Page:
Talking with the lower echelon employees of publishing reminds me of a description I once read about the mutual embarrassment of Western and Soviet biologists when they talked about genetics. Soviet-era scientists were required, on pain of imprisonment, to endorse Lysenkoism, a discredited theory of inheritance favored by Stalin for ideological reasons. Lysenko believed, incorrectly, that you could create heritable characteristics by changing a parent organism—that is, if you cut off one of a frog’s legs, a certain number of its offspring would be born with three legs.
Lysenkoism was a disaster. When it was applied to food cultivation it led to ghastly famines that killed millions. So, when Soviet scientists met their Western counterparts, everyone knew that Lysenkoism was an awful absurdity. But the Soviet scientists had to pretend it wasn’t. Not unlike some of the discussions inside today’s major publishing houses when it comes to DRM.
I recently solicited several writers for inclusion in the Humble E-book Bundle, for which I’m acting as a volunteer editor. The Humble E-book Bundle is the first foray into e-books by the Humble Indie Bundle project, a nonprofit that has run several insanely successful video-game distribution events in which customers got to name their own prices for a collection of independent, DRM-free games. Each of the Humble Indie Bundle projects so far has grossed around a million dollars and has made hundreds of thousands of dollars for each contributor . And I’ve recruited enthusiastic contributors from all of the big six publishers for the Humble E-Book Bundle—that is, all except one, which has an all-DRM-all-the-time policy and won’t consider publishing anything without DRM in any of its divisions.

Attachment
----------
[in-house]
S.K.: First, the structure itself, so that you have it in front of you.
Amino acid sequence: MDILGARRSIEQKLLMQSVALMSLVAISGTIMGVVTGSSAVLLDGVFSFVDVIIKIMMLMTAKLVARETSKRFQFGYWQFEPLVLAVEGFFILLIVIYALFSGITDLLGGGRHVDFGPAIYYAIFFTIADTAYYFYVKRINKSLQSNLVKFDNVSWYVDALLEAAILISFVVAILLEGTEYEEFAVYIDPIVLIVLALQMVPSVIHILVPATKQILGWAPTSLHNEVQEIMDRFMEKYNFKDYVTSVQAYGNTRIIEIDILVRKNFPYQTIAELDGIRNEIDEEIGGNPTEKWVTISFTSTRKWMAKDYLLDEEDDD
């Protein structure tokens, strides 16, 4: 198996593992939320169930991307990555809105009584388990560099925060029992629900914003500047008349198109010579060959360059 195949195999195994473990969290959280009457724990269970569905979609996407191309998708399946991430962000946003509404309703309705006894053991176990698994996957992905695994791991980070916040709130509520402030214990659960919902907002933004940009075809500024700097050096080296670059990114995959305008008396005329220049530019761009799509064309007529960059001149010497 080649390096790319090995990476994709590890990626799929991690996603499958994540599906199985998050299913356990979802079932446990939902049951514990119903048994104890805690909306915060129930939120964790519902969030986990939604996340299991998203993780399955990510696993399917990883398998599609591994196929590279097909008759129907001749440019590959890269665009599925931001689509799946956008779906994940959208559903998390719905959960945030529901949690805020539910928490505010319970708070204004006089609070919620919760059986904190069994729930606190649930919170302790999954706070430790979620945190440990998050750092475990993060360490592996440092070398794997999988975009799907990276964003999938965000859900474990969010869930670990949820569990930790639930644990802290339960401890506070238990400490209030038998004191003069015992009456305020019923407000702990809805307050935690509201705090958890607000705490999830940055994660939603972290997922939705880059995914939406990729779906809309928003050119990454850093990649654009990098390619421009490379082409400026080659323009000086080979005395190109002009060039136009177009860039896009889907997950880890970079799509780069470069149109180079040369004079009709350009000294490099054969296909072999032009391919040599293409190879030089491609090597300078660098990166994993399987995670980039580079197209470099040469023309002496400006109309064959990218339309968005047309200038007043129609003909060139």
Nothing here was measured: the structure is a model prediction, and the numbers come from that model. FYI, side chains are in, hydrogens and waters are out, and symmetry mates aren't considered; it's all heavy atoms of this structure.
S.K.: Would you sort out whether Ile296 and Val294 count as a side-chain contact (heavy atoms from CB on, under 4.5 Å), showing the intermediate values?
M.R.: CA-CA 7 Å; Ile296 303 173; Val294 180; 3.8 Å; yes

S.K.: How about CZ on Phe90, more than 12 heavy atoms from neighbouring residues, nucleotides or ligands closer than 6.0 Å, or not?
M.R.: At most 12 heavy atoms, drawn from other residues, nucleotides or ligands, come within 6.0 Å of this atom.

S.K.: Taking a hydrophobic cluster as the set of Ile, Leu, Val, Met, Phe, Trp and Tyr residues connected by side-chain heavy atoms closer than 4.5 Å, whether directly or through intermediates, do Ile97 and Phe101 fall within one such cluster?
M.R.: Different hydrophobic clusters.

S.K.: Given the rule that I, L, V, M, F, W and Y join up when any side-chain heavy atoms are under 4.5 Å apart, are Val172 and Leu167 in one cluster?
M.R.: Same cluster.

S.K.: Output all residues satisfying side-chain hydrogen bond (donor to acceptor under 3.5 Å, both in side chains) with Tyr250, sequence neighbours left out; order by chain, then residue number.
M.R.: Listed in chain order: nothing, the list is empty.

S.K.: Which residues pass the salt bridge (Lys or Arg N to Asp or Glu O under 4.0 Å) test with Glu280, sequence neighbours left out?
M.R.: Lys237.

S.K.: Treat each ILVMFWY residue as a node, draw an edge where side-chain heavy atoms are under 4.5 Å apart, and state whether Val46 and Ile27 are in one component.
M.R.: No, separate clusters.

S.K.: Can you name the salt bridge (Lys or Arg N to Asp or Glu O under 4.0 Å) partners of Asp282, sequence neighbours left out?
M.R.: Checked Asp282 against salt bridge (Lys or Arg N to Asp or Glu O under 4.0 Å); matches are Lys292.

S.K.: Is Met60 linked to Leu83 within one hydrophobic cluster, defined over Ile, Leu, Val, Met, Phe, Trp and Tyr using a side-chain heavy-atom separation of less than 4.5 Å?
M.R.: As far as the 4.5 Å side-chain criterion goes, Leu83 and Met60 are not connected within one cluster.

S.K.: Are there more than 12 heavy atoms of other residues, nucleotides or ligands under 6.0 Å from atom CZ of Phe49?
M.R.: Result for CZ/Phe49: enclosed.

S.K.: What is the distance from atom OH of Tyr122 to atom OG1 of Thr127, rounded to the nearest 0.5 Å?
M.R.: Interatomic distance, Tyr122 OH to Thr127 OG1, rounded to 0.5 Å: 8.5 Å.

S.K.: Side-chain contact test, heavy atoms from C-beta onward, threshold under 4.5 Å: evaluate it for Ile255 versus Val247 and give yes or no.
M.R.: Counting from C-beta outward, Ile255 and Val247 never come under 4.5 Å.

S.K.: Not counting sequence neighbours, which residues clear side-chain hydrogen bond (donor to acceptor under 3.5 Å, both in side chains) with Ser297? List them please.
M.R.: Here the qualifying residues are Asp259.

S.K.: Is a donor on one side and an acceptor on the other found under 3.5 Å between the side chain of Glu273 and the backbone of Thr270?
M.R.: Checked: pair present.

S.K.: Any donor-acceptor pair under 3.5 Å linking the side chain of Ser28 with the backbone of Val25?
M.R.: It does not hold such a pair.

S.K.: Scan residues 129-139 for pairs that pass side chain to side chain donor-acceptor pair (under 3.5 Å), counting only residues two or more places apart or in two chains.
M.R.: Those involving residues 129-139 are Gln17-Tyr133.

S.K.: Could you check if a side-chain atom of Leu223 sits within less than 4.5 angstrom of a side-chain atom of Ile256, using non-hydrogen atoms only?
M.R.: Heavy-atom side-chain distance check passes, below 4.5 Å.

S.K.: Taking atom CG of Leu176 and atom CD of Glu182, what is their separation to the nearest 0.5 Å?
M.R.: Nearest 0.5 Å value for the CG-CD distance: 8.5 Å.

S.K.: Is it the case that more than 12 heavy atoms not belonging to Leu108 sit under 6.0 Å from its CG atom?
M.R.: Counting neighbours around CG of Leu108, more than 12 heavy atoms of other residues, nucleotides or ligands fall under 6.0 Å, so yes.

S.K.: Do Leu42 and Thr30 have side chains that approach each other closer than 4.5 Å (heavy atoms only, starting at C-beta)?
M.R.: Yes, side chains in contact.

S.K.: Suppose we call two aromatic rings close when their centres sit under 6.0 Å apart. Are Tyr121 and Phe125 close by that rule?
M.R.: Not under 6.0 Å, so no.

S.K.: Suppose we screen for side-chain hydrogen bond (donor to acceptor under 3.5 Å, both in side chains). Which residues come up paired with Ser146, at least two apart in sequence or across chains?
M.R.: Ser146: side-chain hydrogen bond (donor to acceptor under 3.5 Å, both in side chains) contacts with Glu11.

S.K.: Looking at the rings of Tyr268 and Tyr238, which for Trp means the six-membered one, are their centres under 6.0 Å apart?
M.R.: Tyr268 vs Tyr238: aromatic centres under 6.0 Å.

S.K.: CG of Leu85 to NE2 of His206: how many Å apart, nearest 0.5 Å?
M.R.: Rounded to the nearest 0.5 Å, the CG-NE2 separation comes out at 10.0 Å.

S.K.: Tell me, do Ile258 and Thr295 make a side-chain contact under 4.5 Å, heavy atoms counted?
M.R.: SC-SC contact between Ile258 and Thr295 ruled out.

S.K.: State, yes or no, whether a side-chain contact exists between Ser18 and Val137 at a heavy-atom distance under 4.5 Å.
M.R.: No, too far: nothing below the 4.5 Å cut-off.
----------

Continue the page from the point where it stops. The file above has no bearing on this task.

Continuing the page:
Because of its insistence on DRM, this one publisher is going to miss out—along with its authors—on hundreds of thousands of dollars in sales, and some great exposure. Needless to say, every author I’ve approached from that publisher is now trying to figure out how to get out of their contracts for future books. It’s one thing to have your publisher’s bizarre, ideology-driven superstitions erode e-book sales. It’s quite another to learn that you’re going to miss out on a chance to pay off your mortgage because your publisher has bought into a form of digital Lysenkoism.
I also recently chatted with a big-six digital strategist, who explained to me how his employer would soon be sending out all of its digital advanced reader copies (ARCs) as DRM-crippled PDFs. We shared a moment of incredulous silence at this. Most reviewers, after all, get hundreds of times more material than they can ever use. I literally get 100 books in the post for every one that I choose to review, and the idea that reviewers like me will put up with crippled e-ARCs that must be read at one’s desk or on one’s laptop, that we can’t load onto our tablets or e-readers, that generate all kinds of failures in the wee hours of the night, on weekends, or on airplanes when no one is around to offer technical support—well, it’s beyond absurd.